Soldier discusses embedded journalists during wartime

In order to describe the relationship between the military and the media, Army Sgt. John Felton first had to explain his own experiences with the two. The Rutland area Army recruiter, who served in Iraq, described the relationship between the citizens of Fayetteville, N.C. and the soldiers stationed and training at Fort Bragg.

“Soldiers and civilians alike, they’re kinda just one,” he said of life in the military-dominated North Carolina city.

He then told students in professor David Blow’s News Media Ethics class last week about a reporter for the local newspaper in Fayetteville being embedded with his troop in Iraq. Being an embedded journalist means that you eat, interact, and sleep on the ground with the soldiers.

Felton’s team prepared for deployment knowing the reporter was coming too.

“He trained with us as. This is how we’re going to react as a team if we come under attack,” he said.

The reporter was working on hometown-type stories about the lives of those in Felton’s unit during war. To Felton, the training the reporter went through made him understand that war is the most important thing and he knew not get in the way of a mission. Felton said he also had contact with larger news media outlets, including CNN, although the calls it “sporadic interaction.”

“They were usually the ones we had problems with,” said Felton, adding that their fight for ratings and to beat competitors led to bad decisions sometimes. “Bullets are flying guy, things are blowing up. You’re probably not in the right spot.”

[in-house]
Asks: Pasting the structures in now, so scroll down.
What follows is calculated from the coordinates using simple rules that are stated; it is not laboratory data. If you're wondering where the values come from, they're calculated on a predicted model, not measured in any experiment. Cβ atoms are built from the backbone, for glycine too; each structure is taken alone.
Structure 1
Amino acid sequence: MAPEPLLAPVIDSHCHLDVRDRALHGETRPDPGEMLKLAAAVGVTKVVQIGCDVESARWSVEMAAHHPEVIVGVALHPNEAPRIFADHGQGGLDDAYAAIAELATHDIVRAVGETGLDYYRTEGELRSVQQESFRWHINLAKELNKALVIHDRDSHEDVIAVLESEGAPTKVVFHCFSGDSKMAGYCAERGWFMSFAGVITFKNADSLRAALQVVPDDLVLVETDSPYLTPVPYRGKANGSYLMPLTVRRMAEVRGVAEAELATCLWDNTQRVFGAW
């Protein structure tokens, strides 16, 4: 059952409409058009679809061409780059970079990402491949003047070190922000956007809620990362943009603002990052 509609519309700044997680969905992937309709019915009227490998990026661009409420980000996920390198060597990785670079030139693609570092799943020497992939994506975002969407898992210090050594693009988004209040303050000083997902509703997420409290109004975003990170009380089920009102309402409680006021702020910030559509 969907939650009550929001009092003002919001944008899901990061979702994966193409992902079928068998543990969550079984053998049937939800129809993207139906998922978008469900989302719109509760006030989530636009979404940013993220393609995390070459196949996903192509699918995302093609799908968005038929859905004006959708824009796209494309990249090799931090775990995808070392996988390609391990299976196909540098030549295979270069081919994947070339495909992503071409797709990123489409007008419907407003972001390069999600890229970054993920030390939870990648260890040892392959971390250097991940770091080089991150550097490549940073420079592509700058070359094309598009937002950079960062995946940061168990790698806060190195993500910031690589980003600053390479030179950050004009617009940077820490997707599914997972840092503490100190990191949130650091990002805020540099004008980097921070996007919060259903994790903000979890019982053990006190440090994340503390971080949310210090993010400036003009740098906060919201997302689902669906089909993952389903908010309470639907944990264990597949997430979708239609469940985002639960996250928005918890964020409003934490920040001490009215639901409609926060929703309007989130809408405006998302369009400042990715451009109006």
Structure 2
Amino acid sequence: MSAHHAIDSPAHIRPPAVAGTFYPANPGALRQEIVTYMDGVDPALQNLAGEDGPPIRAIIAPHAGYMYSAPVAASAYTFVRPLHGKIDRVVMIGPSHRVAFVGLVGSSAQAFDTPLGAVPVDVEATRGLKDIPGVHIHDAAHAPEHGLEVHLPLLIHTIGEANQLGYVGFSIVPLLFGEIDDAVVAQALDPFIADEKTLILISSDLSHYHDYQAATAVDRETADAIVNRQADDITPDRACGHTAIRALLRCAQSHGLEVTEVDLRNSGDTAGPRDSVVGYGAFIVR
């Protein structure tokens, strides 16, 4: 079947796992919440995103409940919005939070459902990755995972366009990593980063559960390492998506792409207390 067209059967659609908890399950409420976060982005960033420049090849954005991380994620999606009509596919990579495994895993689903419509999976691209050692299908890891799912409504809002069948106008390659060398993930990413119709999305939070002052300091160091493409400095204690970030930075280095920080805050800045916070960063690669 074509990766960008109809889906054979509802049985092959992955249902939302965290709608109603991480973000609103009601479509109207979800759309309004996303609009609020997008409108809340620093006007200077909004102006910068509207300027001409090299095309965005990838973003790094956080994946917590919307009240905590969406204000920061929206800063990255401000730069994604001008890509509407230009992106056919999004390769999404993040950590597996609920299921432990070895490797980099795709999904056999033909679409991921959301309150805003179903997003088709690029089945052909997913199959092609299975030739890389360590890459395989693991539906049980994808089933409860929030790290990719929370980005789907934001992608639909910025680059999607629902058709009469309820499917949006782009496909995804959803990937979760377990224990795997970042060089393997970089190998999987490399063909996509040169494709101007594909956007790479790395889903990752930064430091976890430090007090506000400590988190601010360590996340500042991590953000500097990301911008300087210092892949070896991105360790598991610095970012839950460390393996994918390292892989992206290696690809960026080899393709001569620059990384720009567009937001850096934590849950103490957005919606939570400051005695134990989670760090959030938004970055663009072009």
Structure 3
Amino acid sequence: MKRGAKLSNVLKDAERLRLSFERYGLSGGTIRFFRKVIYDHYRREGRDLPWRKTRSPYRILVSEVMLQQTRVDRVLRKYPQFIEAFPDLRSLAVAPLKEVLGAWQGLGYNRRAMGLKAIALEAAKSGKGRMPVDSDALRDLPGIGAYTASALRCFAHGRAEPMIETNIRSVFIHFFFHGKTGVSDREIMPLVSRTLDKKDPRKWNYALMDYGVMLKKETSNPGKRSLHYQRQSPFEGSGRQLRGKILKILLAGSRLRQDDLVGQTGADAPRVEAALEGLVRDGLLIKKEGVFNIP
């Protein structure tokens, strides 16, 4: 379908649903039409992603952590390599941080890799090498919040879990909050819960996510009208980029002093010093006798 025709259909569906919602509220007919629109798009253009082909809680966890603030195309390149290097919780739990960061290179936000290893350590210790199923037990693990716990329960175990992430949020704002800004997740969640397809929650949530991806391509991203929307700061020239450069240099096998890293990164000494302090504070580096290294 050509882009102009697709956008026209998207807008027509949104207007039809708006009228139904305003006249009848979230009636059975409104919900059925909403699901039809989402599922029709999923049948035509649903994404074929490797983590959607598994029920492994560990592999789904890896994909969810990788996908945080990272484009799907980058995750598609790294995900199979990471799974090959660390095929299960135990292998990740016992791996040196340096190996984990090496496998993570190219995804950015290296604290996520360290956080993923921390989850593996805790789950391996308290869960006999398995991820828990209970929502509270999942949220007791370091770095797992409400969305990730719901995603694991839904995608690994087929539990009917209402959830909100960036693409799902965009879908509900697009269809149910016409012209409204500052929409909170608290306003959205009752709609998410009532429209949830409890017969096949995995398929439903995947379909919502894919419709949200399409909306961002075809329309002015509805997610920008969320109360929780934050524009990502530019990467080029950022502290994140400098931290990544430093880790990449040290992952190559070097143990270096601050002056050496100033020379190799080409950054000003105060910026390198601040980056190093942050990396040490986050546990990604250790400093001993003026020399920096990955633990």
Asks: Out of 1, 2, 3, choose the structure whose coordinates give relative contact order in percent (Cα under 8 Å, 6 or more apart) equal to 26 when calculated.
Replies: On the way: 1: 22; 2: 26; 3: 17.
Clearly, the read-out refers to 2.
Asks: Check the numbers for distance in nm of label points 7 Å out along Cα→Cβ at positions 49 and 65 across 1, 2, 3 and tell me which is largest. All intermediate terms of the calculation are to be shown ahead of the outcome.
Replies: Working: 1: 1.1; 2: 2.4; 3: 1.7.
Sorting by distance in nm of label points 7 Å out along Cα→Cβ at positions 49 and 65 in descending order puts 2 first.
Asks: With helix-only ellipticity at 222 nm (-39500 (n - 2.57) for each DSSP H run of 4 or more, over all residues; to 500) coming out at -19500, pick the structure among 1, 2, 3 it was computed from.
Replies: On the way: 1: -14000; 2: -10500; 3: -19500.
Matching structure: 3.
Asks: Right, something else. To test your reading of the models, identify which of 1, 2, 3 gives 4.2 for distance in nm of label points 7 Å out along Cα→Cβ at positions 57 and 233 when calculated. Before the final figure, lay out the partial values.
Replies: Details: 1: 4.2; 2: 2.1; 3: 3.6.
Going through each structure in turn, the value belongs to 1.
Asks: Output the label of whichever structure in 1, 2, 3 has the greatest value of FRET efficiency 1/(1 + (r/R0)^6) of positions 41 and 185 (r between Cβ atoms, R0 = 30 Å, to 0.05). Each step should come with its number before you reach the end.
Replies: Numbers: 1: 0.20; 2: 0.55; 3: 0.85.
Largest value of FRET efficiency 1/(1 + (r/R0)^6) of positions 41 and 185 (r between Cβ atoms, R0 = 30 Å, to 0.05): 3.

Felton also made it clear that while safety for the journalist is important, it isn’t as important to soldiers and the safety of fellow soldiers.

“We’re going to protect them if we can, but if it comes down to a reporter on my left and a soldier on my right, I’m gonna protect my soldier,” said Felton.

For seven months after the war began, Felton had a reporter embedded with him. Then, everything seemed to shift. The media was no longer allowed to travel with units in Iraq as the United States realized things weren’t going quite as planned.

“We kicked the media out. It’s about to get real, and it’s about to get really dangerous,” he said.

Reporters went from being patriotic and telling stories of “God Bless America” to reporting death and carnage, and Felton said he believes it was because they were no longer embedded.

Students asked Felton about censorship of war coverage. He said the local reporter was asked to submit stories before sending them home, but the only censoring done was asking the reporter to pull stuff out fearing it painted a better picture of an incident than what actually occurred.

He explained that one positive in embedding is that the reporter and soldiers gain a connection, heightening the level of trust between the two. This can also be negative. Some believe this inhibits what the reporter will write if in confronted with contrioversy involving the solidiers. When asked if the embedded reporter could write a story about something that went wrong during a mission, Felton had to pause.

“Could he have written it? Yes. Would he have written it? (pause) Personally, no. I don’t think he would have,” he said.

In closing, Felton encouraged hopeful journalists to join the military saying there are a variety of media opportunities in the service. But at the same time, he cautioned that war left a mark on his life, and he shares that too with the people he visits.

“This shit’s real. This is a real place. These are real bullets. You can die here,” he said.

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